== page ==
While the preceding simple transmit dither scheme has improved the performance for 8-sector quantization, we hasten to add that there is no optimality associated with it. A more detailed investigation of different dithering schemes and their potential gains is therefore an important topic for future research.
12-sector quantization: In Fig. 5, we plot the performance curves for QPSK with 12-sector quantization, for block length L=2,4,6,8. Also shown for reference are the coherent and unquantized block noncoherent performance curves. For identical block lengths, the loss in capacity (at a fixed 2-3 dB) compared to the unquantized case is less than 5-10 %, while the loss in power efficiency (for fixed capacity) varies between 0.5-2 dB, and dithering is not required.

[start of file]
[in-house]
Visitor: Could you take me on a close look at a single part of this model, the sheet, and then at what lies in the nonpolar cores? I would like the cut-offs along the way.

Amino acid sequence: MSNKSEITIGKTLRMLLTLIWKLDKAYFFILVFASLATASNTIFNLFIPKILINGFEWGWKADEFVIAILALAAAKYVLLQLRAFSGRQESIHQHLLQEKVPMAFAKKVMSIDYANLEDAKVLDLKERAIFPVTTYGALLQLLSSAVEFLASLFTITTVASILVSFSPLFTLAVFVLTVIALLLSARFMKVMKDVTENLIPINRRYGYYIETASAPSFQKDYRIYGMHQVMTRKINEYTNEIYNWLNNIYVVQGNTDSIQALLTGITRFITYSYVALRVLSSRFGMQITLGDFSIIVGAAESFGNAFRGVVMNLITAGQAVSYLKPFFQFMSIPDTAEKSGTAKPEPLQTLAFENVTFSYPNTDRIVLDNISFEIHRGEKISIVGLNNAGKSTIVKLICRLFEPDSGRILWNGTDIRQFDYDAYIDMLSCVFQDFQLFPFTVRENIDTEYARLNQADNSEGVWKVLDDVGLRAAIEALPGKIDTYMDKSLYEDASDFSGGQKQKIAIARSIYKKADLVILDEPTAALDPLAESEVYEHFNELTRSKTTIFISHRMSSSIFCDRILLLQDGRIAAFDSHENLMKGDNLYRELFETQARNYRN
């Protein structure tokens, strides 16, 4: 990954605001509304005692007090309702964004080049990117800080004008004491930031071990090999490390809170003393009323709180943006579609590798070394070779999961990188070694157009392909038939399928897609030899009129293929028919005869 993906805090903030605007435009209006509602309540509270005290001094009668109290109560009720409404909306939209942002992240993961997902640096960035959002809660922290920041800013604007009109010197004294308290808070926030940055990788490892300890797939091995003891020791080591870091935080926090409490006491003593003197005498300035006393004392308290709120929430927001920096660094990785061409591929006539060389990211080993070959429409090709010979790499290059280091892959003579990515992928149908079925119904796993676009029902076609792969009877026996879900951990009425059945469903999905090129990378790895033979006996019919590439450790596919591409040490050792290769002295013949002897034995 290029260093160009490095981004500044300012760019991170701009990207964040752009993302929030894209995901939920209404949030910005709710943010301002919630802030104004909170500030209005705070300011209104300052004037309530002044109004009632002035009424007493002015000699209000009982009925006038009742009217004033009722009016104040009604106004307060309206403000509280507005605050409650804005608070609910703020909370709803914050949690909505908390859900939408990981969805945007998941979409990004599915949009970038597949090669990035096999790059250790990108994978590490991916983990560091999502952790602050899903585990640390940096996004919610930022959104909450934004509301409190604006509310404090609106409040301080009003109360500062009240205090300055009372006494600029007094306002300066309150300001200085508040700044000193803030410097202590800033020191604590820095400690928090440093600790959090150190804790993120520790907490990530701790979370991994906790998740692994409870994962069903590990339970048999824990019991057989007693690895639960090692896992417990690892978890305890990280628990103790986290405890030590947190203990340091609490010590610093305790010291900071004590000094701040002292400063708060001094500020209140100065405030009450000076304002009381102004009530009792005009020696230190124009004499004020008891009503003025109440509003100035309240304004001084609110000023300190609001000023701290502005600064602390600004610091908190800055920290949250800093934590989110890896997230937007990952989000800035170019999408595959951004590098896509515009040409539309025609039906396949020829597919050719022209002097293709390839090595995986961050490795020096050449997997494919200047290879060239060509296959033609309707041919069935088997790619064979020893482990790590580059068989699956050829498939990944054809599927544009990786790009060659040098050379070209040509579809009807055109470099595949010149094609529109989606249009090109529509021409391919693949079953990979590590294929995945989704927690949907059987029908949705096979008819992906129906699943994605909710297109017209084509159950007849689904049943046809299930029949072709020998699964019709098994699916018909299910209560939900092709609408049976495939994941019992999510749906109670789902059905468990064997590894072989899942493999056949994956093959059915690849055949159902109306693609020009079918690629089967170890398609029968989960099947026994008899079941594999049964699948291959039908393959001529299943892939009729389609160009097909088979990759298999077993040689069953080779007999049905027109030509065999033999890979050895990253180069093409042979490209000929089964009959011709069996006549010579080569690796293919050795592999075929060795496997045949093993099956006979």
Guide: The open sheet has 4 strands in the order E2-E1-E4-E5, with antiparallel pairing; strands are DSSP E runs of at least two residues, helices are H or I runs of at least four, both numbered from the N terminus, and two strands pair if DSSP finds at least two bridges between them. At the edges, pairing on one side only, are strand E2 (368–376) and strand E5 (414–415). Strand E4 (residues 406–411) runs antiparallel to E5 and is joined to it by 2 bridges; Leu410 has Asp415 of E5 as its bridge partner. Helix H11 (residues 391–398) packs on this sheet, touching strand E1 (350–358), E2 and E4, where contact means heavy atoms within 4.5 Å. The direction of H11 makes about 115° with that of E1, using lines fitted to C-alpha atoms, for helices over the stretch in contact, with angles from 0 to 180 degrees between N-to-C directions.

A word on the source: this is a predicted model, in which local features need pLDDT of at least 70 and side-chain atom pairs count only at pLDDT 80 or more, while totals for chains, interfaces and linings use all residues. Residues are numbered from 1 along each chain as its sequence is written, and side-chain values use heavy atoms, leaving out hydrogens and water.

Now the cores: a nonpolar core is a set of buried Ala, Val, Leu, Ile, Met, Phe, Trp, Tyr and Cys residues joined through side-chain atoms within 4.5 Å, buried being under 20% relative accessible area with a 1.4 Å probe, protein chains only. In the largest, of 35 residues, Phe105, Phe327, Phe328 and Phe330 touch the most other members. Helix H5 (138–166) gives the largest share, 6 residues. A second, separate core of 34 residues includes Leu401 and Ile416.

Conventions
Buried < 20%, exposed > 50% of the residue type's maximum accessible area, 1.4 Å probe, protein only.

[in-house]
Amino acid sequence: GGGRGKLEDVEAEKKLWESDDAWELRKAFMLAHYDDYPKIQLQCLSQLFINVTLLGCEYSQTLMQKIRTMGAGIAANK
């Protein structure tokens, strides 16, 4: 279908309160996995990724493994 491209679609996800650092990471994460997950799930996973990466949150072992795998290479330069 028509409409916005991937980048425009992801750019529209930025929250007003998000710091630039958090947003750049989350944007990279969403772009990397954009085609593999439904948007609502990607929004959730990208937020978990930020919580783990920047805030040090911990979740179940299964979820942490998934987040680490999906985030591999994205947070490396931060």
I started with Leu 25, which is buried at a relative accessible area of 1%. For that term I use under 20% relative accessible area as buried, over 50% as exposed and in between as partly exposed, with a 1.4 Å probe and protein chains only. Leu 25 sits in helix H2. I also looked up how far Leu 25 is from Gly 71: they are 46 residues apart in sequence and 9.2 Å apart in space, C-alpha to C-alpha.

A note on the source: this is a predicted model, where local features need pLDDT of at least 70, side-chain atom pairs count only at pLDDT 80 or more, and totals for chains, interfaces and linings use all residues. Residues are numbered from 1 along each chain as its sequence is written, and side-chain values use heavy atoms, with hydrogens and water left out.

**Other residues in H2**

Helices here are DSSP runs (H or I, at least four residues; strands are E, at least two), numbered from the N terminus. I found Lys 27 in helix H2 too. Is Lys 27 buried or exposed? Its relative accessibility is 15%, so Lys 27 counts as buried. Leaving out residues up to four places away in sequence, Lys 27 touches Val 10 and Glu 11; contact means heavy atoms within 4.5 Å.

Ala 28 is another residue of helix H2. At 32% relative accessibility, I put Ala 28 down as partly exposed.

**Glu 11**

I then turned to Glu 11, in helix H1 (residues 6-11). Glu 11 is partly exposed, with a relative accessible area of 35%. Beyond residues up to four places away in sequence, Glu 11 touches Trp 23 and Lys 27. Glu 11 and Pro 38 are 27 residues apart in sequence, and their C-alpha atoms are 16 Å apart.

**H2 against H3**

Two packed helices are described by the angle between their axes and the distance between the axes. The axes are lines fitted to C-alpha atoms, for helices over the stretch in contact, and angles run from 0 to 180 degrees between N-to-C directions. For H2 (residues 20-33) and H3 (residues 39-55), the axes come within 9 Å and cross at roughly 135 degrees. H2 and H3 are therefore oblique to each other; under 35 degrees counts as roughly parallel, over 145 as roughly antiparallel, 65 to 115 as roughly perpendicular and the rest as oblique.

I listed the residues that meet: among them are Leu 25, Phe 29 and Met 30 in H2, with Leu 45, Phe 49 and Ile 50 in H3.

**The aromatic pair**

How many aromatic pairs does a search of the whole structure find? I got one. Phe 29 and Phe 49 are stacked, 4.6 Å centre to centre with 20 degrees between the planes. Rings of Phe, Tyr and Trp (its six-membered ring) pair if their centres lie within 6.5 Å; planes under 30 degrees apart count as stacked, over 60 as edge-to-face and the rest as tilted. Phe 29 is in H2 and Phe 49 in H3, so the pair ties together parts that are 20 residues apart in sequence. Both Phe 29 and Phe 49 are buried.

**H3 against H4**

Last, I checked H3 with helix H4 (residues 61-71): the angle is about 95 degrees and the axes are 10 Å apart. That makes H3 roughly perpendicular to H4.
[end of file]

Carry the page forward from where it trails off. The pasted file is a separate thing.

We have investigated the capacity limits imposed by the use of low-precision phase quantization at a carrier-asynchronous receiver. The symmetries in input-output relationship of the resulting channel have been exploited to reduce the complexity of capacity computation. Important topics for future research include a more detailed investigation of different dithering schemes (motivated by the performance improvement obtained using the simple scheme considered here), as well as development of practical capacity-approaching coded modulation strategies. An important practical issue is determining whether timing synchronization (which is assumed in the model here) can also be attained using phase-quantized samples, or whether some form of additional information (perhaps using analog techniques prior to the ADC) is required.